…We are living in dark times, and that has seeped in. These feelings—of fragility, of helplessness, of sadness—that we are all experiencing have had two effects on me during the past few years. One is that I actually have a feeling of being able to dare more, because it feels like I need to throw myself against the wall. I need to do the stupid move that actually expresses my feelings. But also, it does the opposite, it shuts things, closes them down hermetically even more than usual. My paintings usually have a way of being closed in upon themselves, and that makes them maybe a little more intense. I just read that 76% of all flying insects in Germany are gone, just gone. Every day there seems to be something like that, a kind of news-bit that would have been a headline twenty years ago and would have made everybody cry out in pain and fear, and now we just eat it up in this weird way.” [Charline Von Heyl in conversation with Raphael Rubinstein]
FB: You use a lot of literal question marks, as well as a lot of J’s, which resemble upside-down question marks. There is no “decoding,” or answering the antinomies your paintings propose: robot or human, original or remake, information or art. You’re thrown back onto the structure itself, and the constituent units of the structure—the all-too-familiar keyboard characters.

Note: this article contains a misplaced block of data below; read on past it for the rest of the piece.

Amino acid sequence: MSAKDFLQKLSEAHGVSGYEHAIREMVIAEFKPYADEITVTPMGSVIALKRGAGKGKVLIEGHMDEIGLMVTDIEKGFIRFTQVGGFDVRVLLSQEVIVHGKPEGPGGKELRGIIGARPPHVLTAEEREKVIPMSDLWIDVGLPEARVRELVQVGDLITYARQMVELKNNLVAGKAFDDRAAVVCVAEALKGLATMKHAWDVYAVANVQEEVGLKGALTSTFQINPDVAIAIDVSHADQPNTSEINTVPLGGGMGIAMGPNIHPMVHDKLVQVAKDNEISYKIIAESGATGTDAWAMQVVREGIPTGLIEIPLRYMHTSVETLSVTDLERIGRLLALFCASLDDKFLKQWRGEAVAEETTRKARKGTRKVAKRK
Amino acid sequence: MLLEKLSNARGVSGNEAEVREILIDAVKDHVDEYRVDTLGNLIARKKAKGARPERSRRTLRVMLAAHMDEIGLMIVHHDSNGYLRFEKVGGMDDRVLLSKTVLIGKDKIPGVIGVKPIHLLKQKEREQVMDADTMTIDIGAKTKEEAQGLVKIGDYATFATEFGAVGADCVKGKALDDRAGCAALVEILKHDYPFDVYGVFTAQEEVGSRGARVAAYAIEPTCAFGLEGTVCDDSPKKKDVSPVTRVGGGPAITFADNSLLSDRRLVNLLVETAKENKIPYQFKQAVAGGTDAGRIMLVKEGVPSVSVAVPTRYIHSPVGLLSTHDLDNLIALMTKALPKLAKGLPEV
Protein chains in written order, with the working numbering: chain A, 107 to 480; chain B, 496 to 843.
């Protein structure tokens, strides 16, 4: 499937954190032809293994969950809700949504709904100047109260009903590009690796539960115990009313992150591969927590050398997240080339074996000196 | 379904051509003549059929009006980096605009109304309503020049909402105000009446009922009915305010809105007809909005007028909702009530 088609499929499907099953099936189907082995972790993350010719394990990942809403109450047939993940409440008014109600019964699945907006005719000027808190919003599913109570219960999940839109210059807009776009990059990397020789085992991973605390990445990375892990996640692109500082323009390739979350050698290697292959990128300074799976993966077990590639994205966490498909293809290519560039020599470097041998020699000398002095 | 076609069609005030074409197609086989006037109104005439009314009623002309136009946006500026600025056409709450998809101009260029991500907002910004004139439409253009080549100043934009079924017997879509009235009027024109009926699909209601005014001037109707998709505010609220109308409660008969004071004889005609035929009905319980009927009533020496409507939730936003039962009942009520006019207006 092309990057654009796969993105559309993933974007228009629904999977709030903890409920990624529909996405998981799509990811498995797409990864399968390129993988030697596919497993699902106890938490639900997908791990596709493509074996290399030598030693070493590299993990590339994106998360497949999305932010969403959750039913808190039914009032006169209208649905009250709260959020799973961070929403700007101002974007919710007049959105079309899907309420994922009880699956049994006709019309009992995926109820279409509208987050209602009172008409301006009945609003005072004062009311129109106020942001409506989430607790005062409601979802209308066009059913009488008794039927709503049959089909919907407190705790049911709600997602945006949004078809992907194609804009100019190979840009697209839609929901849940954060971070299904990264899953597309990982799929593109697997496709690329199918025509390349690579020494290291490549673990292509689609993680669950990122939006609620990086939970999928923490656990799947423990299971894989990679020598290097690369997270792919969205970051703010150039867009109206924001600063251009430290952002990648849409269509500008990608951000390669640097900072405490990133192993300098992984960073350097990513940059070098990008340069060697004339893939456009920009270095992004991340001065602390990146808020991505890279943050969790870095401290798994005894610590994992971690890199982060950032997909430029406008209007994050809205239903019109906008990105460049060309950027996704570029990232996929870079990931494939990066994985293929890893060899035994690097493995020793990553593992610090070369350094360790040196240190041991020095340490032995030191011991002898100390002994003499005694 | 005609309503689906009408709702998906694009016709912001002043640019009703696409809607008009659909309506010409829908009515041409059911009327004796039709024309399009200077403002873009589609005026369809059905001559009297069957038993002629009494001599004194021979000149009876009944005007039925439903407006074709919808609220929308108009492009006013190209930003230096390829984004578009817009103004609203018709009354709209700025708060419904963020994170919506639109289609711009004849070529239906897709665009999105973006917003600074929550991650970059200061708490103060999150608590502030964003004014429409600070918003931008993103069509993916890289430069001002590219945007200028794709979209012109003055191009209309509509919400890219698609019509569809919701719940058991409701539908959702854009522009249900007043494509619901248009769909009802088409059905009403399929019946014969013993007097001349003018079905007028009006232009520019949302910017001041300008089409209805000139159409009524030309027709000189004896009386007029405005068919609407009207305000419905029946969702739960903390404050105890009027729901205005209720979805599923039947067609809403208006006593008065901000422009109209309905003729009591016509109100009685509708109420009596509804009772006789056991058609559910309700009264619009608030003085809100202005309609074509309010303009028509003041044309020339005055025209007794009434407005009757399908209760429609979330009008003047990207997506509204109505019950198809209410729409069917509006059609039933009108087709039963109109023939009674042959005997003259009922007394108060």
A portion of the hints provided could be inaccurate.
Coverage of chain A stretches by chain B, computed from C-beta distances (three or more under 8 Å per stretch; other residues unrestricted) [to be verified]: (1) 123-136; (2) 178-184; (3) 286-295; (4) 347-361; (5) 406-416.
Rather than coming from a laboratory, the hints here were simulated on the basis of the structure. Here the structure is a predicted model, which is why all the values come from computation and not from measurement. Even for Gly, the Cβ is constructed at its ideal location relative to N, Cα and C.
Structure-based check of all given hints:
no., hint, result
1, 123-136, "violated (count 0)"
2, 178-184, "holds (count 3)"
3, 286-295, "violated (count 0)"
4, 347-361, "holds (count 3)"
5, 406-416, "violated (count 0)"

JH: Right, keyboard characters are both familiar and unfamiliar. They leave you suspended on the razor edge between the pure abstraction of language and the possibility of communication. The promise of keyboard characters is to universally communicate, but it comes with all this disappointment and miscommunication. So I have brought that promise and disappointment into the painting alongside this array of visuals that is also reliant upon the very same components—letters smashed together with color and gesture. But I hope it produces a sense of longing for real communication and content. Is that hopelessly romantic?
FB: Yes, it’s a romantic and sublime threshold state. You see and feel these antinomies, and they stay with you, but instead of getting a new artificial synthesis, you’re left suspended.
JH: That’s what I call a limited case of transcendence, which is more about causing desire than resolving it. So the painting frame remains to keep things bounded, just as dance has a beginning and end, or sculpture has a back and a front.
FB: In one painting, you quite strikingly have a flat smiley-face sculpture tacked on outside the frame. It’s a 3D-printed yellow disk of a new emoji, but with the neutral face of a classic emoticon, so it’s an emoji-emoticon hybrid.
JH: I needed to put something outside the frame, hanging off the painting. And when that happened, it energized and made the inside active. It is clearly outside; it’s been pushed out. That can be narrativized. I did it for formal reasons, but I can’t account for my unconscious reasons for insisting on that emoji-emoticon face. I would call it a joke, but we all know what jokes are. 😐 [Jacqueline Humphries in conversation with Felix Bernstein]